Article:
Ramaphosa is using his position politically and in business to champion an agenda at NEDLAC to tamper with the right to strike. He wants to bring back an apartheid practice that before workers can embark on a strike they must first ballot. We defeated it then and we will defeat it again. We must be prepared to take rolling mass action and we will also challenge it in court as an attack on our constitutional right. Such actions prove that Ramaphosa and the ANC leadership are anti worker, and anti-trade unions. defend your right to strike. We know the DA is fully behind this counter reactionary agenda which is why we will never understand how our members can be confused and vote DA or why a political party that claims to be revolutionary like the EFF would cooperate with DA.

Building the Workers Party

We cannot accept the continued betrayal of the working class. NUMSA has led the way in the United Front, we have launched a new federation SAFTU which is both a spear and a shield for workers, and now we are forging ahead, resolved to form a Workers Party which is firm in demanding socialism in our life time to end economic exploitation, poverty, unemployment and inequality. NUMSA Central Committee of NUMSA in December 2017 appreciated the work we doing to put together structures and supports the launch of the Workers Party in 2018. This year we will not just register the Workers Party but we will let you know the following details:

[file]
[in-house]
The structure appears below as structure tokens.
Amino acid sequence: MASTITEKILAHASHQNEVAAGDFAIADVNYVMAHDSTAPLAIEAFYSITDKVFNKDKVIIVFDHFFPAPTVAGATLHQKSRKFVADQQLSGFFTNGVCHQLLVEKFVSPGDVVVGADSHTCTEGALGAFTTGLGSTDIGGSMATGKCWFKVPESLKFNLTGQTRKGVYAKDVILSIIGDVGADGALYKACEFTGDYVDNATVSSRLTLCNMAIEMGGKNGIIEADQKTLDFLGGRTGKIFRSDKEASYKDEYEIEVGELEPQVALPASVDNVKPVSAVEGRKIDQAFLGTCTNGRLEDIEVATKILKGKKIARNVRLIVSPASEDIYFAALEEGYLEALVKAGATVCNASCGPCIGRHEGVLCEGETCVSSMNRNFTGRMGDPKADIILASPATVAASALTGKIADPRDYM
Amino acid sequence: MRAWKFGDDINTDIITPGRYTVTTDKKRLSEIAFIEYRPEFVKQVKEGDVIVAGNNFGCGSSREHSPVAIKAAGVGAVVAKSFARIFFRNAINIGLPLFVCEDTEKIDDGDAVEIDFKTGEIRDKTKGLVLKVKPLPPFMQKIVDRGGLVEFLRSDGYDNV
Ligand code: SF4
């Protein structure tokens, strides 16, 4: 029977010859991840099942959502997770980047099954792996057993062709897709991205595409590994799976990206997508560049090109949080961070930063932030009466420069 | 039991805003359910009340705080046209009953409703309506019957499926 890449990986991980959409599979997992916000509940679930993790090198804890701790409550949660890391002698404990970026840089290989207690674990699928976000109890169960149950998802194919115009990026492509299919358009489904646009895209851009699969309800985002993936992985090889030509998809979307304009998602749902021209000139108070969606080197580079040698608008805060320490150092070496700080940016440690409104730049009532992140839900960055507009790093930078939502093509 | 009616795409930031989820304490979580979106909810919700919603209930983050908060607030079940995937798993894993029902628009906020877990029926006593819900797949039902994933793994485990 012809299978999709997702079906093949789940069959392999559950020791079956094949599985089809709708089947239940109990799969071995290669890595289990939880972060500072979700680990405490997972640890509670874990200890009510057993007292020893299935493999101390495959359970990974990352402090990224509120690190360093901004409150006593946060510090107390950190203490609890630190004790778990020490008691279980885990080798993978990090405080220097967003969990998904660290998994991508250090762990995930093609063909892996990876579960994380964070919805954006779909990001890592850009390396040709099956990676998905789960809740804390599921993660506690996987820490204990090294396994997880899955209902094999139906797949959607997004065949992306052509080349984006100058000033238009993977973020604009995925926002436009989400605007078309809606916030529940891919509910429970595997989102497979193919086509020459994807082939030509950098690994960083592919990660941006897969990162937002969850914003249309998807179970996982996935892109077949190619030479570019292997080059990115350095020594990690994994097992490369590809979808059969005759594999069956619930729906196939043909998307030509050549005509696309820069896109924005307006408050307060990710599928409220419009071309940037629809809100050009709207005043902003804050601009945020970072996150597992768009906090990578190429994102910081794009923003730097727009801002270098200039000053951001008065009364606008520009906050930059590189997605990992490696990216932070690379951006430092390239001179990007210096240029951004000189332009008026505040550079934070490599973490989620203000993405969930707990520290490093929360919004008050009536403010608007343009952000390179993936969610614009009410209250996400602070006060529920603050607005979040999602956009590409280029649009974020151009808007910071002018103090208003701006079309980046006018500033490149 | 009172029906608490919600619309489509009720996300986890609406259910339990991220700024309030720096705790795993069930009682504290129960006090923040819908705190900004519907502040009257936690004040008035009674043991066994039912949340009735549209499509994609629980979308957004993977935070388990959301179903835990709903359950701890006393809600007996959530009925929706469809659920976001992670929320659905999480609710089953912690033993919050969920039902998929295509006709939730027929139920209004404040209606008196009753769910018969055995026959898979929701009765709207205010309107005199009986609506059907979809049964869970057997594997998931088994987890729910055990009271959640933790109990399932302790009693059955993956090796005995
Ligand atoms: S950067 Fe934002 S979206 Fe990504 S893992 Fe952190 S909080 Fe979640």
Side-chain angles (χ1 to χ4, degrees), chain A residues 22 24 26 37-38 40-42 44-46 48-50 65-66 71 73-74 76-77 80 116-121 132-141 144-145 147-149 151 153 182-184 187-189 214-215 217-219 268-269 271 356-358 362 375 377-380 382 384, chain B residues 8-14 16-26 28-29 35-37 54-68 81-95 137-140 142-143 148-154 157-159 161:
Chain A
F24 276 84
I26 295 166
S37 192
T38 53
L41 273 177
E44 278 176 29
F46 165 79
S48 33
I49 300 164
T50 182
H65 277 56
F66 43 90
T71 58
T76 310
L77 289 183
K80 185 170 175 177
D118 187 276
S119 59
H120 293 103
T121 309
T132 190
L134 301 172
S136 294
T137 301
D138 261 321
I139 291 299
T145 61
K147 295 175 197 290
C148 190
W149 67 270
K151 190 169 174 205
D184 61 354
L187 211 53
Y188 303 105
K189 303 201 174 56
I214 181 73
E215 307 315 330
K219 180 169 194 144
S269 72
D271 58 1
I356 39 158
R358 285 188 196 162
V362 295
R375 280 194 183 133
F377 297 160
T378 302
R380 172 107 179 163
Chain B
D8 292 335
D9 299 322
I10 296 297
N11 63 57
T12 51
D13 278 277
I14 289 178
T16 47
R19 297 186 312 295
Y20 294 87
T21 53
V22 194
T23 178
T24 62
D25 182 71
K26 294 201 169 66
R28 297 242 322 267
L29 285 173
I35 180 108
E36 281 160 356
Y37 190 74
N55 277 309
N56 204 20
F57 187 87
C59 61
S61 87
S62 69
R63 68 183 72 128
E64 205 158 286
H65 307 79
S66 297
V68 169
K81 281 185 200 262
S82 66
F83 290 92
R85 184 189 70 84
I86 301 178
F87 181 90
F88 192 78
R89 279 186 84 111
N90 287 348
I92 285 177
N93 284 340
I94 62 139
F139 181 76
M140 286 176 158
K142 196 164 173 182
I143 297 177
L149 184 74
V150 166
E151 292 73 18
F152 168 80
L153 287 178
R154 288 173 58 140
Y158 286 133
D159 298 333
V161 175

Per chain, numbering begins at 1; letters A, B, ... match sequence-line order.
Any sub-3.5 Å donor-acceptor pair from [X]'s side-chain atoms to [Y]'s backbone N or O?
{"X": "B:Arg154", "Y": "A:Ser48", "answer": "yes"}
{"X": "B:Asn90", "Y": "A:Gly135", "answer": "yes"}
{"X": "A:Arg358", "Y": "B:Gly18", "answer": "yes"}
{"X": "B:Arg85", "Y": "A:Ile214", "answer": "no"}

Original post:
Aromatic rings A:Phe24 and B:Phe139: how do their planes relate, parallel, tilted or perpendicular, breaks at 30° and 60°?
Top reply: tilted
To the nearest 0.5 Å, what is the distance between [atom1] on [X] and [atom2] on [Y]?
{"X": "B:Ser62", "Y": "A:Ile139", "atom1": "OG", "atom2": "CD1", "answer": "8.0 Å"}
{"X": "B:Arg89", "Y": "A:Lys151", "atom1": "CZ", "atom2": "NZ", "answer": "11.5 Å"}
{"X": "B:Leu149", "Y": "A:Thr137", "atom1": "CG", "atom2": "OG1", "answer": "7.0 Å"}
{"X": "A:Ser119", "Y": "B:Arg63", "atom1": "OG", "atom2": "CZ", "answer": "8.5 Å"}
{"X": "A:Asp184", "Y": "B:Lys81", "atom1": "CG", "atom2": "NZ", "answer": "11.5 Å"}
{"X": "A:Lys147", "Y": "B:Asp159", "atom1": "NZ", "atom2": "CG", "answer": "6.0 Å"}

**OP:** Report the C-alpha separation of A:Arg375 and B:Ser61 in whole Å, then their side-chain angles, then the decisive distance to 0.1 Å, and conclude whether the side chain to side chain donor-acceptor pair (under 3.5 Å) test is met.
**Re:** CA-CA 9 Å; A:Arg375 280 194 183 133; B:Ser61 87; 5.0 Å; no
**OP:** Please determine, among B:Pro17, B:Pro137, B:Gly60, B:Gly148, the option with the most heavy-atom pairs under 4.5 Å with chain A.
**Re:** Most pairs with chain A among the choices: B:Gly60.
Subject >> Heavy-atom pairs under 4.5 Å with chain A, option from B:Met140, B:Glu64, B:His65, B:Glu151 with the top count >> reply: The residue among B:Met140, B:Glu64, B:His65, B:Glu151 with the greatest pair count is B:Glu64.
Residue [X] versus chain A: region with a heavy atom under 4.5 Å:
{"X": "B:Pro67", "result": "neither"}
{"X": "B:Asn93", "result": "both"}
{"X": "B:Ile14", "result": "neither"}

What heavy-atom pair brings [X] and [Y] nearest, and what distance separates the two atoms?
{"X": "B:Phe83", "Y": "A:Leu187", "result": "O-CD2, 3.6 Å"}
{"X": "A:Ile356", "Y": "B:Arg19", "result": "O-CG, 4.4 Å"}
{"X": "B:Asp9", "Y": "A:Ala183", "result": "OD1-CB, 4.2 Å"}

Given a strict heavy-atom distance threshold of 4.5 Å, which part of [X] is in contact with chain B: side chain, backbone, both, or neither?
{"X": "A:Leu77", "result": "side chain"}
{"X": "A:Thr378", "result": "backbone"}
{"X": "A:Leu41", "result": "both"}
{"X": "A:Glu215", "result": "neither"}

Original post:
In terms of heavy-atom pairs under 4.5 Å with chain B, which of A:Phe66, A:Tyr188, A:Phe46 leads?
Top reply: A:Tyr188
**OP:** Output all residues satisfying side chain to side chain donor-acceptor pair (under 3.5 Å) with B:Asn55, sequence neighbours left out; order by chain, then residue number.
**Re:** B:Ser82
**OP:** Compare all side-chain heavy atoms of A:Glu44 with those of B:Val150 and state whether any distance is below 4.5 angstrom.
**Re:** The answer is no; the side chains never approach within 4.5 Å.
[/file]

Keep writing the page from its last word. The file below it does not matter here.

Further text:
a) The name of the Workers Party and the joining fee.

b) Its constitution will be revealed very soon.

c) Its national core will be introduced. Remember the Workers Party will be completely separate from NUMSA. NUMSA will remain an independent worker controlled union that supports the formation of the Workers Party.

d) We shall very soon announce how many members are needed form to a branch of the Workers Party.

e) We shall reveal its regalia in terms of T-shirts, and we shall be calling on our members to volunteer and make financial contributions to build the Workers Party. A Socialist Revolutionary Workers Party that is challenge the present exploitative system of capitalism will not be funded by the capitalist class.

This is not a gravy train Workers Party it’s a party to deal with working class miseries. The party will work for and support NUMSA and SAFTU members and the working class in general. It must have clear policies when it is launched that deal with the miseries of the working class. To have a situation where one in three people are unemployment is completely unacceptable. Politician that stand by while companies close are not friends of the working class. Why must the working class vote into power political parties who champion policies that subject workers to poverty by destroying their jobs. These parties will refuse to take decisions that will protect jobs, yet workers continue to vote these butchers into power. We cannot expect exploiters and oppressors to hand us our freedom.